us-New York Penn Station renewal work summer 2019 (12)

USA: Amtrak has unveiled proposals for the restoration of inter-city passenger trains between New York and Scranton, using a route which lost its regular service in 1970.

The national passenger operator has been working with the Pennsylvania Northeast Regional Railroad Authority on a two-year feasibility study, with a view to developing the service as part of the federally funded Corridor ID programme.

The service would utilise 100 km of existing freight railway between Scranton and the Delaware Water Gap now owned by PNRRA, plus 35 km of restored tracks on the ‘Lackawanna Cutoff’ between Delaware Water Gap and Andover, New Jersey, which is considered suitable for 177 km/h operation. From here, the trains would use existing NJ Transit and Amtrak tracks to reach New York City.

As well as an assessment of the investment required, the study looked at the potential economic impact and estimated ridership based on a sample timetable. The ‘vision plan’ envisages three trains each way per day, serving stations in Scranton, Mt Pocono, East Stroudsburg, Blairstown, Dover, Morristown, Montclair, Newark and New York City. End-to-end journey time is estimated at 2 h 50 min, which is considered competitive with car travel. Ridership is projected at around 470 000 passengers per year.

The report estimates the total cost of the project at around $500m, including between $100m and $175m for infrastructure improvements on the PNRRA-owned segment and $70m to $90m for the acquisition of suitable trains. If the project is accepted into the Corridor ID programme, federal funding to cover up to 80% of the estimated construction cost could be made available through the Infrastructure Investment & Jobs Act, leaving 20% to be raised locally.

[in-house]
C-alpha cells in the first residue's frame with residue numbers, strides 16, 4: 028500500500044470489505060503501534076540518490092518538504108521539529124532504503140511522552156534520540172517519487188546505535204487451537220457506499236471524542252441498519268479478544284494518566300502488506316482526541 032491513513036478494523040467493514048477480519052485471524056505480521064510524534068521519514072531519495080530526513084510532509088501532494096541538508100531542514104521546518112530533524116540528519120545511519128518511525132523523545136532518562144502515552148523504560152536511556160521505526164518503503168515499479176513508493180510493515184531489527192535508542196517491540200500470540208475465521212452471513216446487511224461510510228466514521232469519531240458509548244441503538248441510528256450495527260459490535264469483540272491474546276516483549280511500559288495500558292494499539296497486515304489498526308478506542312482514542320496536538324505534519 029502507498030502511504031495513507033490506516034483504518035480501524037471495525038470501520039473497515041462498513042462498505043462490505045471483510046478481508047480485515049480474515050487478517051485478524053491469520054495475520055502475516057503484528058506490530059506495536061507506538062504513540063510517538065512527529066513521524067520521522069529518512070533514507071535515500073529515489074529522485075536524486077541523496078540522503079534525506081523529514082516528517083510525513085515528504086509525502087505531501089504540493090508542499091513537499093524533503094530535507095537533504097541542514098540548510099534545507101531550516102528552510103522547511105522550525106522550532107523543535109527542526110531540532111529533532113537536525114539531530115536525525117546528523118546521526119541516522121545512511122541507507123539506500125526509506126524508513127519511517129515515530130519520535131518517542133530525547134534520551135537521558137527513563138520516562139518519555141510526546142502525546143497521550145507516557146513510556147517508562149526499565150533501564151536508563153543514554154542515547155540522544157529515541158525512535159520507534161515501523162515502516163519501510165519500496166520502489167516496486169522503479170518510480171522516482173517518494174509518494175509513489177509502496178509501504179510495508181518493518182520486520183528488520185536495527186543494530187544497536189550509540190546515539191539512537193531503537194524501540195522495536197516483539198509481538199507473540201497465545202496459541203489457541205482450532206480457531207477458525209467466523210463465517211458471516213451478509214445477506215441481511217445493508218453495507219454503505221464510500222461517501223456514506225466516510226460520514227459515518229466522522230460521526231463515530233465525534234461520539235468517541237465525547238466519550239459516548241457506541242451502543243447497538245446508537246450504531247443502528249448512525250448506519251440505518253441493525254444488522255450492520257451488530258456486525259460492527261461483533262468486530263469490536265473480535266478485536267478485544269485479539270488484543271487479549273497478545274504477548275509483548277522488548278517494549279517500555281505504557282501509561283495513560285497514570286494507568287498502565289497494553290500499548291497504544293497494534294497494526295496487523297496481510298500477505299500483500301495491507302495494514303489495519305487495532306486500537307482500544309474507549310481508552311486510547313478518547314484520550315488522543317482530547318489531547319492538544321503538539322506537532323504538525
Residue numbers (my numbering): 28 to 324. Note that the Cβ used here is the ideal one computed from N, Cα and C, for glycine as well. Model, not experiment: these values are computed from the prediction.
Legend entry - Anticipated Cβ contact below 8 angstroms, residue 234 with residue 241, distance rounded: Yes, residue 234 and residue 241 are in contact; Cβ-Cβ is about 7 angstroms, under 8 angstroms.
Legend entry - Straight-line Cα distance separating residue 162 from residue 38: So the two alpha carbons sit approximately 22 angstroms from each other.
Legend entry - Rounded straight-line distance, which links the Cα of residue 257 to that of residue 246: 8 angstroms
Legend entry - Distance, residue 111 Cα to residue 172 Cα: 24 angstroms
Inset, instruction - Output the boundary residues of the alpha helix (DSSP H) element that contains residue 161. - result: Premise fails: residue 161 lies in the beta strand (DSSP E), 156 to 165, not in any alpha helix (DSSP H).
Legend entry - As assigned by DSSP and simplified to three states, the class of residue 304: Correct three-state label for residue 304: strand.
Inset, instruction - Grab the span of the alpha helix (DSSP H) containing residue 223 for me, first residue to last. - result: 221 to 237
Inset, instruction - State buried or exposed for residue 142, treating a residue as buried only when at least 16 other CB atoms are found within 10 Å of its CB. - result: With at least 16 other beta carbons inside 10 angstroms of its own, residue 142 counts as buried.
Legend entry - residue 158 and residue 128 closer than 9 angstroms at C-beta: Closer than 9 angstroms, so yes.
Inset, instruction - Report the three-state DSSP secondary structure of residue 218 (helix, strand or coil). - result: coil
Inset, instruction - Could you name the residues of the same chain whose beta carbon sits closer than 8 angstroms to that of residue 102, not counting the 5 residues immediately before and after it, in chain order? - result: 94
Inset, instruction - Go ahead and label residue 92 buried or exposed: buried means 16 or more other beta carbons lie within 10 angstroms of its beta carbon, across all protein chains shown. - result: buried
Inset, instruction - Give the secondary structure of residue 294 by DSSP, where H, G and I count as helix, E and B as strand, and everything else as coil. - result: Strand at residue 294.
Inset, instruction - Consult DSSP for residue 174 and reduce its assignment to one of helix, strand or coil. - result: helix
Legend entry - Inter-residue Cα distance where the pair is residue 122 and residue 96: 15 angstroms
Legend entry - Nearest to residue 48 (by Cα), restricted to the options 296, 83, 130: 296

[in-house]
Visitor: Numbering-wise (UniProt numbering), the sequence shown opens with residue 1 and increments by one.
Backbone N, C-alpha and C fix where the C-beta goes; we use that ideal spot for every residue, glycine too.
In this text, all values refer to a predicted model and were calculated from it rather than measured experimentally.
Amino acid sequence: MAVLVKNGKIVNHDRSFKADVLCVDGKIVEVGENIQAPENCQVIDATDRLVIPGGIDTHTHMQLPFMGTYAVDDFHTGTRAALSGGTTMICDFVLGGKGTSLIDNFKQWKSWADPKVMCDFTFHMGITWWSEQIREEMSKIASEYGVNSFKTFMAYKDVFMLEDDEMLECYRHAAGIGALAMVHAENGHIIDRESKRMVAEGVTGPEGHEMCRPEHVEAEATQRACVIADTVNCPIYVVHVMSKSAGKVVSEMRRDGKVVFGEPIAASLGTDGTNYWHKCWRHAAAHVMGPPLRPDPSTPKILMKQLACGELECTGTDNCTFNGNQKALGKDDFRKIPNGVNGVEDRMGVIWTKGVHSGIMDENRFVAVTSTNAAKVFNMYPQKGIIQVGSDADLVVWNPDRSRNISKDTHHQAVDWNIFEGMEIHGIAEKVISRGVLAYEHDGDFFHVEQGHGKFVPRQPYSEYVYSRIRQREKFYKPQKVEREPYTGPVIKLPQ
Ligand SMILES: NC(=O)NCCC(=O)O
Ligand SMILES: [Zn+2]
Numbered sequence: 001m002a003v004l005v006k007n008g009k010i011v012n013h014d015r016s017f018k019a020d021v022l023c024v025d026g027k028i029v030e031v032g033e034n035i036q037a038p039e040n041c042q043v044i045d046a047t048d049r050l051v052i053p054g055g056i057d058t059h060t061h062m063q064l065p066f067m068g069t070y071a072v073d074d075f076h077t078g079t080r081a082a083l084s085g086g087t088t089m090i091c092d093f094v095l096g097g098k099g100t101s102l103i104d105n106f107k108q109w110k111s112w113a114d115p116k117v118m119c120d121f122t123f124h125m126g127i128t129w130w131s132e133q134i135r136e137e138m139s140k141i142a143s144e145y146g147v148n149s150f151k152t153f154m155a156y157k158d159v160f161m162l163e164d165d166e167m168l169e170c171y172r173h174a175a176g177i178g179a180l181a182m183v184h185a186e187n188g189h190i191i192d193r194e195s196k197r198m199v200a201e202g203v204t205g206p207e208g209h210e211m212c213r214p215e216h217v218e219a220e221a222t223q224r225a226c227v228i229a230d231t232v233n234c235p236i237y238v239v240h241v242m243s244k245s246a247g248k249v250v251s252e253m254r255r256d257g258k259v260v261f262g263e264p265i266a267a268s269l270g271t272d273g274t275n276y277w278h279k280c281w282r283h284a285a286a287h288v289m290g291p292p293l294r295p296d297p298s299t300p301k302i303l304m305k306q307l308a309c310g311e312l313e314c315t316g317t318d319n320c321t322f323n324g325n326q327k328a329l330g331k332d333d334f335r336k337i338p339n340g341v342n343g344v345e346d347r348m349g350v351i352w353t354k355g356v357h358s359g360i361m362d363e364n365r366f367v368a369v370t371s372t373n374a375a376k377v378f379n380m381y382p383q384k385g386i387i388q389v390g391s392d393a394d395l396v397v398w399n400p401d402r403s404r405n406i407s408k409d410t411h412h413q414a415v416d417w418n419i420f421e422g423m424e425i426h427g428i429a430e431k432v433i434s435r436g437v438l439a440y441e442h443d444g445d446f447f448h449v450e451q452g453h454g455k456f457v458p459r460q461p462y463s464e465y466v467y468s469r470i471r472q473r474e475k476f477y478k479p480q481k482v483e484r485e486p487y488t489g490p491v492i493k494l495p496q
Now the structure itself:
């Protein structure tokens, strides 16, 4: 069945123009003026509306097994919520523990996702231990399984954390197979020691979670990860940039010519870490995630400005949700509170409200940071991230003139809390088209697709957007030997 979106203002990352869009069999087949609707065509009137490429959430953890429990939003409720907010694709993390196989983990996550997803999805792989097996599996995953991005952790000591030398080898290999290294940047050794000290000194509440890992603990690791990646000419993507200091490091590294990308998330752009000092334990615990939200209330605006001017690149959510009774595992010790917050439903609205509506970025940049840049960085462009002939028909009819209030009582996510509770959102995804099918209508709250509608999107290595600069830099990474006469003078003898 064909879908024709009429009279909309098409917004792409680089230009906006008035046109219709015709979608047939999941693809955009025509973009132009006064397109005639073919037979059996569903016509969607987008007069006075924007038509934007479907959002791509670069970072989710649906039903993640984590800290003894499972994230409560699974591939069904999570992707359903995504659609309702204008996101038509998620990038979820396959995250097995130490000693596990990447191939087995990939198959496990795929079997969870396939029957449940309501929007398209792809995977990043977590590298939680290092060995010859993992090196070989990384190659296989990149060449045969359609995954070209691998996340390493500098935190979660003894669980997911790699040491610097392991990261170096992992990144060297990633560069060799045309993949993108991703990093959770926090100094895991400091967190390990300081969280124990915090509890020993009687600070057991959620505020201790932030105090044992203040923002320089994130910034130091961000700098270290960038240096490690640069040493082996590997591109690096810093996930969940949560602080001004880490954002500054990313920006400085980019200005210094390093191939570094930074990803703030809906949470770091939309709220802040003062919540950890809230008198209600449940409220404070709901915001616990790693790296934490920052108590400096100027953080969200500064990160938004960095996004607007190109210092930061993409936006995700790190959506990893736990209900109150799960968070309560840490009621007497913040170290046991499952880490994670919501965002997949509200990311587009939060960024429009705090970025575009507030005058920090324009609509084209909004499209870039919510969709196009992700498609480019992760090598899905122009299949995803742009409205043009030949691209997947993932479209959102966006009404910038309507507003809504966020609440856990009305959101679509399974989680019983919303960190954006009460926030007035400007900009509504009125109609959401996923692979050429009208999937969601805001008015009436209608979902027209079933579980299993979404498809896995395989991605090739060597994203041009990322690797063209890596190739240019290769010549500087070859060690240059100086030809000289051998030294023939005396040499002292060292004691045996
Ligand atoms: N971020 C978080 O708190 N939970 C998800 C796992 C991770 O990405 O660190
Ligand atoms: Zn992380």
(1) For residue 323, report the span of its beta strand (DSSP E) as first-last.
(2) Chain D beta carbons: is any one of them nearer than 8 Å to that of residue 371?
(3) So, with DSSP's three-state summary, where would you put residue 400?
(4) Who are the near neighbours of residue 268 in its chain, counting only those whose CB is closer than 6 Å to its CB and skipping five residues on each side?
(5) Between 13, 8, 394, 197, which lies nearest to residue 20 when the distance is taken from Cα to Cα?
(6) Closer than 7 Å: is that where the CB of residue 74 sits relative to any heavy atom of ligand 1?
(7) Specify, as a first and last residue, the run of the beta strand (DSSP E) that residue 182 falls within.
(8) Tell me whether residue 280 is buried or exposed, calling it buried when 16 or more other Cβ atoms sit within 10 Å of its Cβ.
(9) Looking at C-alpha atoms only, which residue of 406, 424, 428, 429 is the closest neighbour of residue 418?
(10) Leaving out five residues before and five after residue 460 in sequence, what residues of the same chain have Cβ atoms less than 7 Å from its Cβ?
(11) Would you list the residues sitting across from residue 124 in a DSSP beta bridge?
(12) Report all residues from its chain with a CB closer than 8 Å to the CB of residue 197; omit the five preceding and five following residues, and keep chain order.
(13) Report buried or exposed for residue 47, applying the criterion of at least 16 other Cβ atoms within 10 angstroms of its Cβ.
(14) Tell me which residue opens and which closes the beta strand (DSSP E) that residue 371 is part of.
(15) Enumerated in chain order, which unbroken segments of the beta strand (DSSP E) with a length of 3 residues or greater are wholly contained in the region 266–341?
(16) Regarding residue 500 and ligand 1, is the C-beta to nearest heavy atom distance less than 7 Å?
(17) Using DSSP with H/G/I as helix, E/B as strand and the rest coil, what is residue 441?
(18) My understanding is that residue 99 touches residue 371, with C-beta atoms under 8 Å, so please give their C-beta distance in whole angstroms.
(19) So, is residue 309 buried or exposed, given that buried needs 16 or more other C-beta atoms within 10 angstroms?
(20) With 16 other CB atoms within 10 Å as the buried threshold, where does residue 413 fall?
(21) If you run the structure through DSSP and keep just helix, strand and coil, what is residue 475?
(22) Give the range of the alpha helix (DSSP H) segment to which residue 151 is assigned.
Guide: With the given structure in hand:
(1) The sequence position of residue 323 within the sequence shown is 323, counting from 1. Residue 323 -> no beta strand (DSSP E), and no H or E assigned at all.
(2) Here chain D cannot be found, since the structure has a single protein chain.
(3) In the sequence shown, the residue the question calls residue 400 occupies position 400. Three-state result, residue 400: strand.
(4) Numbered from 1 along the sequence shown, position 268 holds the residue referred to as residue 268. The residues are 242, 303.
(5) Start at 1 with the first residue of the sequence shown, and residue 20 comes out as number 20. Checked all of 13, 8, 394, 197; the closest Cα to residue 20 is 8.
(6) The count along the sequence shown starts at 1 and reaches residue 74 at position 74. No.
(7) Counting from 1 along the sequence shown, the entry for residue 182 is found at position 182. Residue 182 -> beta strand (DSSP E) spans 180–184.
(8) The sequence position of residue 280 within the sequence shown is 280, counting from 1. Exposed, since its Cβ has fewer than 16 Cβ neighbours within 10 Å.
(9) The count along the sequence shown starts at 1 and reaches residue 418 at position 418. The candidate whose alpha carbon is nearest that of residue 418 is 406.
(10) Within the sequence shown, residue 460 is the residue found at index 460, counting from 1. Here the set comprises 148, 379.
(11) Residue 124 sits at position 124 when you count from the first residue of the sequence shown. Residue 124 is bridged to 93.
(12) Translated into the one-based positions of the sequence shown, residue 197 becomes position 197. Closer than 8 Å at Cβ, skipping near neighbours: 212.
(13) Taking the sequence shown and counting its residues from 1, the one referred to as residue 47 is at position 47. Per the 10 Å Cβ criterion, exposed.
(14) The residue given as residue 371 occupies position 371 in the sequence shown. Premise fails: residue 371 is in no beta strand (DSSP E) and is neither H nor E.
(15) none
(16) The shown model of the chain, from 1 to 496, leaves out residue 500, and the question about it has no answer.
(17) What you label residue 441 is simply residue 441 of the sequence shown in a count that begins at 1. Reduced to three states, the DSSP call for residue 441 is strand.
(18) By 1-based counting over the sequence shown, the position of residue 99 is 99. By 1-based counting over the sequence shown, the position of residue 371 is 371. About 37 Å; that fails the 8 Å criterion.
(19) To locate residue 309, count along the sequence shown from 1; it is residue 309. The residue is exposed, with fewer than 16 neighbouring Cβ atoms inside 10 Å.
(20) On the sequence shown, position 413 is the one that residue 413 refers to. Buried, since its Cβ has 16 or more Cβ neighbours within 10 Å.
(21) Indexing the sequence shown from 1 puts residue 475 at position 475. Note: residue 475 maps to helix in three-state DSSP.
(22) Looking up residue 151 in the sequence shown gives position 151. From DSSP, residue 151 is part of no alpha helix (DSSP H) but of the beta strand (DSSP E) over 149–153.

Economic benefits are estimated at $84m per year from increased activity including both tourism and local business, $20m of passenger benefits such as being able to work on the train, and $7m in wider societal benefits including reduced traffic congestion, road accidents and pollution.

Subject to support and funding from the federal government and the completion of design and construction work by stakeholders including Pennsylvania Department of Transport, PNRRA and NJ Transit, Amtrak anticipates that services could begin running in 2028.

‘Passenger rail service in and out of Scranton was discontinued in 1970, only one year before Amtrak was created’, said CEO Stephen Gardner. ‘Restoring and expanding this corridor with daily multi-frequency service would dramatically boost mobility and economic development for residents of Scranton and northeastern Pennsylvania, New Jersey, New York and the broader northeast region.’

‘This study reinforces what we have advocated for decades — that rail passenger service to this region is a huge economic positive’, added PNRRA President Larry Malski.